This post will probably shock your mask off, because it’s going to be the most critical one I’ve written about the characters in Love Never Dies. I’ve had fun doing my psychological playground thing dissecting each character regarding their personality changes. Christine, however, remains an enigma. She is by far the most complicated of characters in the Phantom of the Opera and Love Never Dies.
If I had to use three words to describe Christine in this version, I’d say "twisted every way." I shake my head over this woman’s actions in the original and in the sequel. If you’ve never read my former posts regarding Little Lotte or Christine, follow the links and catch up. Christine is a product of her childhood in many ways. I see her as a woman who is indecisive, dependent, immature, confused, and torn.
Let’s take a look at her actions 10 years before her arrival on Coney Island. She was originally torn between two men. She loved the Phantom for his music and passion. She loved Raoul for the security and normal life he could give her. Twisted over her decision, she agrees to betray the Phantom in the Point of No Return so she can be with Raoul. Then in Love Never Dies, we hear that afterward (in the song Beneath the Moonless Sky), she returned to the Phantom and betrayed Raoul! When that doesn’t work out as hoped, she returns to Raoul, and betrays him again! And you wonder why the man drinks?
As you know, Beneath the Moonless Sky is a song about Christine’s indiscretion, if you wish to call it that, in returning to the Phantom before she weds the Vicomte de Chagny. Bad move. She succumbs to the unthinkable, has a one-night stand with the Phantom, and awakens to pledge her love only to find him gone. Rather than seeking him out until she finds him again, she returns to Raoul and proceeds to marry him under the guise she loves him. Does she love Raoul? Does she love the Phantom? Does she love both?
Christine has one big character flaw that her indecision breeds in her – she tends to betray the men she supposedly loves. Instead of being truthful with Raoul before the wedding about her one-night stand, Christine hides the fact and walks down the aisle vowing her love and devotion for Raoul at the altar. What kind of woman does that? What’s her motivation? Is Raoul the consolation prize? Is she in love with two men? Okay, of course, this is all just a story.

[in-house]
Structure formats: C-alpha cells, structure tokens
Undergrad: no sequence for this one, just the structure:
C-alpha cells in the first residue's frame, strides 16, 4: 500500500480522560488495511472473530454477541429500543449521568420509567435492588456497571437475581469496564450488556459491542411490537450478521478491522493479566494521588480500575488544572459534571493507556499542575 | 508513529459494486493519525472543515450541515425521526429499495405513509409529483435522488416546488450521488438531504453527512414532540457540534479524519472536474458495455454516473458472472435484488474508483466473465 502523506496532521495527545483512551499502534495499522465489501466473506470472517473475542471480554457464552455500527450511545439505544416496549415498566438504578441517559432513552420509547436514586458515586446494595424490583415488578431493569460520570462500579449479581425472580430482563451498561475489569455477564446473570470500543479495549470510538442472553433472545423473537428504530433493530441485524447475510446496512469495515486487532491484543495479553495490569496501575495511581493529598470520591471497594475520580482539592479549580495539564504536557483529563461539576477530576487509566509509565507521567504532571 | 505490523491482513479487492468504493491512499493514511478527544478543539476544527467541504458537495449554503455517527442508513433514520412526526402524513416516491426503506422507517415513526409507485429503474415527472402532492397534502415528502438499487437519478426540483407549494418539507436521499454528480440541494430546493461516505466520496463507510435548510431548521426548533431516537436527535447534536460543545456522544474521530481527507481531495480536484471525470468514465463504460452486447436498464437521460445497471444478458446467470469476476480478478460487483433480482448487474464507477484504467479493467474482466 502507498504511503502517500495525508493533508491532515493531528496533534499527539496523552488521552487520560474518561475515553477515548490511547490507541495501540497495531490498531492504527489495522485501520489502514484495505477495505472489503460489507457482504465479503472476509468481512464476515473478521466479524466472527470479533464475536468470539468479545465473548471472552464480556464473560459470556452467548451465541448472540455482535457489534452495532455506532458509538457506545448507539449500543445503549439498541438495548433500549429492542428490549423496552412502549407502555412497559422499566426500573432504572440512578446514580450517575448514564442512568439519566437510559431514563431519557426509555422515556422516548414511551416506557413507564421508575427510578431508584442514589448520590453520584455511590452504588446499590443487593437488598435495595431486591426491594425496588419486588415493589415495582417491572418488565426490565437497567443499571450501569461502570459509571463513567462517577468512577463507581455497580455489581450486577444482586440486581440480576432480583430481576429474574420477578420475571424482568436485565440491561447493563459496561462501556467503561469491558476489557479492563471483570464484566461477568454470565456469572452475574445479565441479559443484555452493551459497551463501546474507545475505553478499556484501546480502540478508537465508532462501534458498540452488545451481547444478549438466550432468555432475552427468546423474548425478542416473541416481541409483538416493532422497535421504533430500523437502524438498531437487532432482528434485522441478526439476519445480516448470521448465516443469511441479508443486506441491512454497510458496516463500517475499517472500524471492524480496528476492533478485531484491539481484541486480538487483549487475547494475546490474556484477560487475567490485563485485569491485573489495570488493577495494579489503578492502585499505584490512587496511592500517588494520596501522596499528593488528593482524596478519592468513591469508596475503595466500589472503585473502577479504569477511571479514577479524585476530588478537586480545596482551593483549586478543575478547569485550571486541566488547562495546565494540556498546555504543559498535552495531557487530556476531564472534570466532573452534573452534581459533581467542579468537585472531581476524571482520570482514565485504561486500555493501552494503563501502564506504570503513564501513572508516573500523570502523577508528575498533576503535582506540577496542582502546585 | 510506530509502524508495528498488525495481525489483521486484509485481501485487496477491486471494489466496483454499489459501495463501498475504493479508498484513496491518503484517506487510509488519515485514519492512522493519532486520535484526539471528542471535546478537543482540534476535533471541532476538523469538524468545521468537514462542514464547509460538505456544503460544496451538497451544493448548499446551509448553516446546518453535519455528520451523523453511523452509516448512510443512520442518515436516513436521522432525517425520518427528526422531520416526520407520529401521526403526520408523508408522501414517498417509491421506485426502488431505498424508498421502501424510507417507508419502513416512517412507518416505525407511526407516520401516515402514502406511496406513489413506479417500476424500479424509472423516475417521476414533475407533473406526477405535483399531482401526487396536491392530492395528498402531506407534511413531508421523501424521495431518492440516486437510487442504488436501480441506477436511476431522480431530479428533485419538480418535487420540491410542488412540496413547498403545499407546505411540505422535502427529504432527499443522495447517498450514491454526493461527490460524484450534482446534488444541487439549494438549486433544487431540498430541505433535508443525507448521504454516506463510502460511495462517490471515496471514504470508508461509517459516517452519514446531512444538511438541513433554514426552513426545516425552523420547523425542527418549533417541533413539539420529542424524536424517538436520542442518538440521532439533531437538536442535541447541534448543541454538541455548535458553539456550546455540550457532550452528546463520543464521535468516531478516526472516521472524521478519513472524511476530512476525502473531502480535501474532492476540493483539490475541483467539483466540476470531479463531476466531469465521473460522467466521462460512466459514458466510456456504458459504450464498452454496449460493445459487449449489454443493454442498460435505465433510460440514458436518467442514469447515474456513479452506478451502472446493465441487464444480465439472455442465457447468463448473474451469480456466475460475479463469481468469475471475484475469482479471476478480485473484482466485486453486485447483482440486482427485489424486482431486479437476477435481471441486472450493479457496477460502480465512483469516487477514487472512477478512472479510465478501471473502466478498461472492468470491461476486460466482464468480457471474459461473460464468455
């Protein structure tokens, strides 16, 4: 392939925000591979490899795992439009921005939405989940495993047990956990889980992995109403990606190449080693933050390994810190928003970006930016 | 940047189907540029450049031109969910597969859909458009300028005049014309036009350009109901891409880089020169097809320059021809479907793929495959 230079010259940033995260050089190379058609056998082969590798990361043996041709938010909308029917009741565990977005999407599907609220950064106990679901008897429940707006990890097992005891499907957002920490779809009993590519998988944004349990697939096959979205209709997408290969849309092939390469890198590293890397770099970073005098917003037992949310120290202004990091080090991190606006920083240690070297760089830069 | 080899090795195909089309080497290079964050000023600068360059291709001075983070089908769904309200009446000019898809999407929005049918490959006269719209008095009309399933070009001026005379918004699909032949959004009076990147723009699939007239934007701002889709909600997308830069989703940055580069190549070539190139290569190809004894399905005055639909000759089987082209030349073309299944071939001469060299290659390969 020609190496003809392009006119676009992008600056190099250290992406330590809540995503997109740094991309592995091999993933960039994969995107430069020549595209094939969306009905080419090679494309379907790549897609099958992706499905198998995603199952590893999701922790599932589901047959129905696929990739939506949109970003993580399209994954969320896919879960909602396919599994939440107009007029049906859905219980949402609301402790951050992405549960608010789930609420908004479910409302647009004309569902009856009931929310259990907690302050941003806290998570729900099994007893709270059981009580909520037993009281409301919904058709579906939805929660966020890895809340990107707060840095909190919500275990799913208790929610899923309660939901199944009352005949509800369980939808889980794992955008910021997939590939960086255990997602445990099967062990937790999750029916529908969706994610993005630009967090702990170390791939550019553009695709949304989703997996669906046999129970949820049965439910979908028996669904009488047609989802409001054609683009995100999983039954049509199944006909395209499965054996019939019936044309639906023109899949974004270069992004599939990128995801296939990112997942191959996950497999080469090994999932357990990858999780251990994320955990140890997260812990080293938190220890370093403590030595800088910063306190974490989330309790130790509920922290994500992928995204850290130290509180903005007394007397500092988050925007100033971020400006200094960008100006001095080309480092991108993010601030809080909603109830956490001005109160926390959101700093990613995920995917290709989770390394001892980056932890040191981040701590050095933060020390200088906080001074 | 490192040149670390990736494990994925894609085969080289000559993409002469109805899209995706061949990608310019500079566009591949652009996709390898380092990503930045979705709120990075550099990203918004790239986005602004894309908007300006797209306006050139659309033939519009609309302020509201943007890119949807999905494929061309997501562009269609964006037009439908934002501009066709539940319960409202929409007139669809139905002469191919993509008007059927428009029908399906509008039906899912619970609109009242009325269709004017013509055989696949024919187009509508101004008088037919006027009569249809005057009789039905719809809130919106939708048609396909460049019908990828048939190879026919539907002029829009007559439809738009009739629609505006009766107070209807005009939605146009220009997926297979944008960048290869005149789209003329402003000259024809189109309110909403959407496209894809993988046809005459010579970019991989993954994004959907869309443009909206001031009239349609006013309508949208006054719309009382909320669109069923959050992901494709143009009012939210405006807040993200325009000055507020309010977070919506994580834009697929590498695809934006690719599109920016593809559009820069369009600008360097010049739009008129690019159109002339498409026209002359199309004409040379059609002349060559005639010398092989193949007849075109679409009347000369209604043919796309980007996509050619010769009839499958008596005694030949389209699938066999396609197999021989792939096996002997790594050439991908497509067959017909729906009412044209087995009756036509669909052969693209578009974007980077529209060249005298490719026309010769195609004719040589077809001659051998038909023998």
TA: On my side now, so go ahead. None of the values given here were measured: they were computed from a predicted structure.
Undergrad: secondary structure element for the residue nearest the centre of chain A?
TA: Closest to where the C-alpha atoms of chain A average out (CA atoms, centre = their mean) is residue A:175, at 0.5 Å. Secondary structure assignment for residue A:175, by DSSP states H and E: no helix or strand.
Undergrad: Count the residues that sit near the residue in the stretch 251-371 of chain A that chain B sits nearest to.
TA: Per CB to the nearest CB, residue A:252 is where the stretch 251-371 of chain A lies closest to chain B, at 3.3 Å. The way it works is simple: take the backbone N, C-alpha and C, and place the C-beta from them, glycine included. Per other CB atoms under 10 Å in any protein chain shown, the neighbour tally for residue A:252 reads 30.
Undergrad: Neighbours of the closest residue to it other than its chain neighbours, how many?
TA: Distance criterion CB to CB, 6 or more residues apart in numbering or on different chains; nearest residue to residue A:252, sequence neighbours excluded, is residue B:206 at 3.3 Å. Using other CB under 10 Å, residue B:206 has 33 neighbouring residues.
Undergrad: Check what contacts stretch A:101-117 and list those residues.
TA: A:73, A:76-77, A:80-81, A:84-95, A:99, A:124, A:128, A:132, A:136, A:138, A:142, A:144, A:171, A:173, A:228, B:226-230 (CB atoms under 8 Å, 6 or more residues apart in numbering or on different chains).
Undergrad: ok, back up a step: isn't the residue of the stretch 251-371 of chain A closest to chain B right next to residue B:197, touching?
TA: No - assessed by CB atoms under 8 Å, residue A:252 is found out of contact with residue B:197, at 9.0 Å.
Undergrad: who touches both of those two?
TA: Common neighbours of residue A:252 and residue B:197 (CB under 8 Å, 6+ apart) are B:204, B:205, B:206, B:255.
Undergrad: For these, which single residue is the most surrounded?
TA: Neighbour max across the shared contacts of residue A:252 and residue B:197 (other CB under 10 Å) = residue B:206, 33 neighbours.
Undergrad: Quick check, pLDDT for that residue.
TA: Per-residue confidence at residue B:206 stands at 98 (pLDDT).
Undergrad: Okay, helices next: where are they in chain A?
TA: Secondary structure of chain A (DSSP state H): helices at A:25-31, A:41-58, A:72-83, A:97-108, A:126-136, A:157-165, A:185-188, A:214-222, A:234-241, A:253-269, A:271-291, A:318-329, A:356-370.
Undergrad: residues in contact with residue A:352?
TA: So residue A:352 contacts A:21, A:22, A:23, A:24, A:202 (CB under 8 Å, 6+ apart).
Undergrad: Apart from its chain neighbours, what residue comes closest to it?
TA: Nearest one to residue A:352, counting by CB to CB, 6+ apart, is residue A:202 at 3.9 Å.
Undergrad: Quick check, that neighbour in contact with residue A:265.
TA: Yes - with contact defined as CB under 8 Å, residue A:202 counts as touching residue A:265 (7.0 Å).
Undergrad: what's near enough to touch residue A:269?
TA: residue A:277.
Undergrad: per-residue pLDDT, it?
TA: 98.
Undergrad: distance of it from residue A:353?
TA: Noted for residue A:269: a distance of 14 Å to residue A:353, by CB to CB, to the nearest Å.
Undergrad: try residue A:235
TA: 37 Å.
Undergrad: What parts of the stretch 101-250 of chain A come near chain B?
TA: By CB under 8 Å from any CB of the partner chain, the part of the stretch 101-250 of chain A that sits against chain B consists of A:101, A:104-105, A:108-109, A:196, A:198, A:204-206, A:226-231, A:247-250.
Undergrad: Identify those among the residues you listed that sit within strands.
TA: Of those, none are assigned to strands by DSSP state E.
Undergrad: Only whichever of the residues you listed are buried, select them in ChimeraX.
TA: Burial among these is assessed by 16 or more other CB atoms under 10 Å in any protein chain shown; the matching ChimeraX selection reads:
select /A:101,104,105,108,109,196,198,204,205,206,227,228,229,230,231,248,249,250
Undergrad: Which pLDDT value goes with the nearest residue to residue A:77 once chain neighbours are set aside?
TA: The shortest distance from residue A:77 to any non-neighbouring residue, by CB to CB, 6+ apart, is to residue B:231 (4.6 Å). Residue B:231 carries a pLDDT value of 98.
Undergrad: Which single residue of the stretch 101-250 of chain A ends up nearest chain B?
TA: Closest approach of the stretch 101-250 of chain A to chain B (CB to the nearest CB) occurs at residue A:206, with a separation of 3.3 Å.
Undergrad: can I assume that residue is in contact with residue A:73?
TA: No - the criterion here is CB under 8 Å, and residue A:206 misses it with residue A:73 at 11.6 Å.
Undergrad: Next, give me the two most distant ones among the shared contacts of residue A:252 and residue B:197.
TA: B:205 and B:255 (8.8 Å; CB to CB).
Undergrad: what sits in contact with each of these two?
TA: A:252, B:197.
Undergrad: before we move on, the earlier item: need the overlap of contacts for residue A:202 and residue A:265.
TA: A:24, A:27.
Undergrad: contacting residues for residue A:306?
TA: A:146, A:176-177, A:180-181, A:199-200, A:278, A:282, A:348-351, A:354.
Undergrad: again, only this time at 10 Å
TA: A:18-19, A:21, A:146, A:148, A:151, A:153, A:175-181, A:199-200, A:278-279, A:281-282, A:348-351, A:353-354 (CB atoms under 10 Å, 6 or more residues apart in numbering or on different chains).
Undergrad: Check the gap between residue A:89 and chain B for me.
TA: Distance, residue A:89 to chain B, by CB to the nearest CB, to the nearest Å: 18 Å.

I suppose if we look deep enough into her motives, we might pity her instead. She’s torn between two men that have fought for her affections most of her life. She finds solace now in her son while she’s married to a man she really didn’t want 10 years ago. Did Christine ever make a true choice between the two? I don’t think so. In the play she sings totally unaware of the bet between Raoul and the Phantom. She didn't know the stakes, and she was manipulated again by her Angel and played by Raoul.
Frankly, the play couldn’t have ended any other way. Christine had to be taken out of the equation. In her dying breath, she professes again her love for the Phantom, while Raoul returns home with his tail between his legs.
As much as I love the Phantom story, I really think Christine's decision process is quite twisted in both the original and in the sequel; but it doesn't take away our obsession over those two star-crossed lovers who can never be together.
There I've said it.
The Phantom’s Student
NOTE: This will be my last post regarding the characters in Love Never Dies. I'm ready to leave it behind. As I said in my review, either embrace it, enjoy it, or reject it. I enjoyed the stage version, the actors, the singing, and took from it the good parts and left behind the bad. To be very frank and honest, I'm tired of the firestorm and criticism and just wish to move on to new and better things.
I'm finishing up my Phantom of Valletta story, which I hope to release this summer. Why? Oh why not, I say! Hey, there are tons of books already on the Phantom and I might as well throw another one on the heap. I've been so heavily involved in the Phantom community for so many years, I feel that I need to leave behind a rather unique story regarding the mask man that I love too. You'll find my book is unlike anything you'll read. It's not going to keep the conventions of what you feel should happen to the Phantom. And when it's released, it will either be embraced, enjoyed, or rejected. That's just the way it flows in the Phantom world. Hugs to all my readers.